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Need to reduce added sugars
Although sugars are not harmful to the body, our bodies don’t need sugars to function properly. Added sugars contribute additional calories and zero nutrients to food.

Over the past 30 years, Americans have steadily consumed more and more added sugars in their diets, which has contributed to the obesity epidemic. Reducing the amount of added sugars we eat cuts calories and can help you improve your heart health and control your weight.

The American Heart Association recommends limiting the amount of added sugars you consume to no more than half of your daily discretionary calorie allowance. For most American women, this is no more than 100 calories per day and no more than 150 calories per day for men (or about 6 teaspoons per day for women and 9 teaspoons per day for men).

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Discretionary calories and added sugars
You have a daily energy need — the amount of calories (or energy units) your body needs to function and provide energy for your activities. Think of your daily energy need as a budget. You’d organize a real budget with “essentials” (things like rent and utilities) and “extras” (such as vacation and entertainment). In a daily calorie budget, the essentials are the minimum number of calories you need to meet your nutrient needs.

Select low-fat and no-sugar-added foods to make good “nutrient buys” with your budget. Depending on the foods you choose and the amount of physical activity you do each day, you may have calories left over for “extras” that can be used on treats like solid fats, added sugars and alcohol. These are discretionary calories, or calories to be spent at your discretion.

A person’s discretionary calorie budget varies depending on how physically active they are and how many calories they need to consume to meet their daily nutrient requirements. Use this interactive tool to calculate your personal daily calorie needs. The American Heart Association recommends that no more than half of a person’s daily discretionary calorie allowance be spent on added sugars.

Common sources of discretionary calories (in addition to added sugars) are fats, oils and alcohol. Fats are the most concentrated source of calories. Discretionary calories can be used to:

  • Eat additional foods from a food group above your daily recommendation.
  • Select a higher-calorie form of a food that’s higher in fat or contains added sugars (whole milk vs. skim or sweetened vs. unsweetened cereal).
  • Add fats or sweeteners to the leanest versions of foods (for example, sauce, dressing and butter/margarine).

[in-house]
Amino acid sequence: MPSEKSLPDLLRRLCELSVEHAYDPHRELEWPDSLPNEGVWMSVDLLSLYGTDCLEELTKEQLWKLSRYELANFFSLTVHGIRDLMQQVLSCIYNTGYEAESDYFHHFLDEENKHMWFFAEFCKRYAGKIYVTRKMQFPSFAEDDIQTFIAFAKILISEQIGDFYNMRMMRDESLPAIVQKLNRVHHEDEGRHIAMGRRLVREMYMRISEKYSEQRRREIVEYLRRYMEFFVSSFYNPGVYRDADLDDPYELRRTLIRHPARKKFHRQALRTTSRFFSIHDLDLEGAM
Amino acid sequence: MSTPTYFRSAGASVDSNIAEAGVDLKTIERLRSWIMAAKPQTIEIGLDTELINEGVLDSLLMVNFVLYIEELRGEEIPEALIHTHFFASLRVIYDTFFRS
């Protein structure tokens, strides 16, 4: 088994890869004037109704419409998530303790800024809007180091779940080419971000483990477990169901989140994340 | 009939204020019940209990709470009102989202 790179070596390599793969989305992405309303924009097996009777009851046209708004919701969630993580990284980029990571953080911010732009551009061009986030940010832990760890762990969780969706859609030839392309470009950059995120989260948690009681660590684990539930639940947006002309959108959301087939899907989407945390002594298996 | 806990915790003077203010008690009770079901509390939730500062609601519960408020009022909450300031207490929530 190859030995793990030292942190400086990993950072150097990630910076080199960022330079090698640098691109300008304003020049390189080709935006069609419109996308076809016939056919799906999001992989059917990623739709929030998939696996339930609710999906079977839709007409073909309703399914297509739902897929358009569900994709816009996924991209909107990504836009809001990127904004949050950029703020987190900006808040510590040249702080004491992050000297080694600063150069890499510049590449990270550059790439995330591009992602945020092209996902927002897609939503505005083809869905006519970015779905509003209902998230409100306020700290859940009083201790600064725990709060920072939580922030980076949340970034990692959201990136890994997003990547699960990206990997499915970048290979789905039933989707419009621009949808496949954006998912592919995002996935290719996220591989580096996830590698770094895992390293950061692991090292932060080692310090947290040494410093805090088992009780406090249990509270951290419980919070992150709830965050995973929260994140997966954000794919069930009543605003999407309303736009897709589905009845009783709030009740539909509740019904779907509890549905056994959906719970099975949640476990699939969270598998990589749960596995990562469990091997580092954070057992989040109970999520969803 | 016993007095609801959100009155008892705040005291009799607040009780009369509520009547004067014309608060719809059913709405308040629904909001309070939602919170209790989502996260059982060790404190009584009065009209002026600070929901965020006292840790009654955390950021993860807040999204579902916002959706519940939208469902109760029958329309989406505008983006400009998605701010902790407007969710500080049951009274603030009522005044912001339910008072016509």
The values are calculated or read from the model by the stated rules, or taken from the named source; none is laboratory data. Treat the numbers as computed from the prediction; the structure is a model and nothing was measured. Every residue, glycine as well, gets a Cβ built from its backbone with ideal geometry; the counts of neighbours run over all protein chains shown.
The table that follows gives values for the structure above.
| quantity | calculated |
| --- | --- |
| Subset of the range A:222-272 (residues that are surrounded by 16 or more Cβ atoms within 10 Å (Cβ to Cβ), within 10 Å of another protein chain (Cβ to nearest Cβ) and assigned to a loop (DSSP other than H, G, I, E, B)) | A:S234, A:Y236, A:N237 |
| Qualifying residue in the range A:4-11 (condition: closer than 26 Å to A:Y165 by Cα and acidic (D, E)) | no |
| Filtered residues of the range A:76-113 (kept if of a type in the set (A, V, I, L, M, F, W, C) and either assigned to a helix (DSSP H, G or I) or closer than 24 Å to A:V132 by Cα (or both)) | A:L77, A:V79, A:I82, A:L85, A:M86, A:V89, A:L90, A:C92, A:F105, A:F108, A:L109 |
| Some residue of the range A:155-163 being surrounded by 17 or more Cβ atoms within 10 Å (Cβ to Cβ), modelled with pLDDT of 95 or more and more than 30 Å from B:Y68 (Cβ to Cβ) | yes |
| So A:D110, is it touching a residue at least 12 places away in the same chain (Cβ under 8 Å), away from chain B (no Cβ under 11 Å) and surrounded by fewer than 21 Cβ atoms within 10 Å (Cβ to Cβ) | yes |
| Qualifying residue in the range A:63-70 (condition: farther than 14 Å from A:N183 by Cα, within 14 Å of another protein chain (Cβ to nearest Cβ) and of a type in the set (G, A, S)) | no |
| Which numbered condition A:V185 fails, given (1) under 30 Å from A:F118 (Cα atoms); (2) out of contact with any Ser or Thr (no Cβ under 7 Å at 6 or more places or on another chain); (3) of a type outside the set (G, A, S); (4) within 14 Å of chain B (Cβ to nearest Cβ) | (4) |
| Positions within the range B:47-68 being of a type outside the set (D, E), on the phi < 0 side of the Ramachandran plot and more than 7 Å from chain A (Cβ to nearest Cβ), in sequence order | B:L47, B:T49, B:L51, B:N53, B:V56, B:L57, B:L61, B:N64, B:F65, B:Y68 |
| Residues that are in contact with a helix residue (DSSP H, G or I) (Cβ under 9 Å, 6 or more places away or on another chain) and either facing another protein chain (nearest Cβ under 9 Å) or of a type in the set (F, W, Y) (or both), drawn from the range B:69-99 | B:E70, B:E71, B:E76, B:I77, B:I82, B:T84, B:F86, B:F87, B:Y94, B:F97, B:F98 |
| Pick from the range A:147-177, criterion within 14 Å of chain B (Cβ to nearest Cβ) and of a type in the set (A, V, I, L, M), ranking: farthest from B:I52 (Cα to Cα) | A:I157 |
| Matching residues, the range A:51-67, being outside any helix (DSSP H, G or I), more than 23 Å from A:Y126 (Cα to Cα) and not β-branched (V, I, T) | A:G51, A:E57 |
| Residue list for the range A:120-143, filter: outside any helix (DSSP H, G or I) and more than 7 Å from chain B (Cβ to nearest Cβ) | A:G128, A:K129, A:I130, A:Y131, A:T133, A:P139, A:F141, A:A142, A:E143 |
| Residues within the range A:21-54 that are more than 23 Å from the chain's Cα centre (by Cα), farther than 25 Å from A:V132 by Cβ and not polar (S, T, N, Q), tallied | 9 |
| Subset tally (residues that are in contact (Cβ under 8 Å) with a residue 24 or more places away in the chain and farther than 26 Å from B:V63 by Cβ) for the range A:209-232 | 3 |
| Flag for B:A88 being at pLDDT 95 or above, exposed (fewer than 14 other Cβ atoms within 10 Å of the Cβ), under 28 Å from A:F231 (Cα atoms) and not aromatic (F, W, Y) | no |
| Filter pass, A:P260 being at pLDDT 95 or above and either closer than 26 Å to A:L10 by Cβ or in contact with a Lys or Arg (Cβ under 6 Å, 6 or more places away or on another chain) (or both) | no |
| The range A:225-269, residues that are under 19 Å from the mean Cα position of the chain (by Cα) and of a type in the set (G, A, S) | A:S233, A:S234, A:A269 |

• Eat or drink items that are mostly fat, sugar or alcohol such as candy, cake, beer, wine or regular soda.

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Tips for getting less added sugar
Most Americans consume more than double the daily recommended amount of added sugars. A report from the 2001-04 NHANES (National Health and Nutrition Examination Survey) database showed that Americans get about 22.2 teaspoons of sugar a day or about 355 calories. This is well over the recommended amount of no more than 100 calories per day for women and no more than 150 calories per day for men.

Use these simple tips to reduce sugar in your diet:

  • Remove sugar (white and brown), syrup, honey and molasses from the table — out of sight, out of mind!
  • Cut back on the amount of sugar added to things you eat or drink regularly like cereal, pancake, coffee or tea. Try cutting the usual amount of sugar you add by half and wean down from there, or consider using an artificial sweetener.
  • Buy sugar-free or low-calorie beverages.
  • Buy fresh fruits or fruits canned in water or natural juice. Avoid fruit canned in syrup, especially heavy syrup.
  • Instead of adding sugar to cereal or oatmeal, add fresh fruit (try bananas, cherries or strawberries) or dried fruit (raisins, cranberries or apricots).
  • When baking cookies, brownies or cakes, cut the sugar called for in your recipe by one-third to one-half. Often you won’t notice the difference.
  • Instead of adding sugar in recipes, use extracts such as almond, vanilla, orange or lemon.
  • Enhance foods with spices instead of sugar; try ginger, allspice, cinnamon or nutmeg.
  • Substitute unsweetened applesauce for sugar in recipes (use equal amounts).
  • Try zero-calorie sweeteners such as aspartame, sucralose or saccharin in moderation.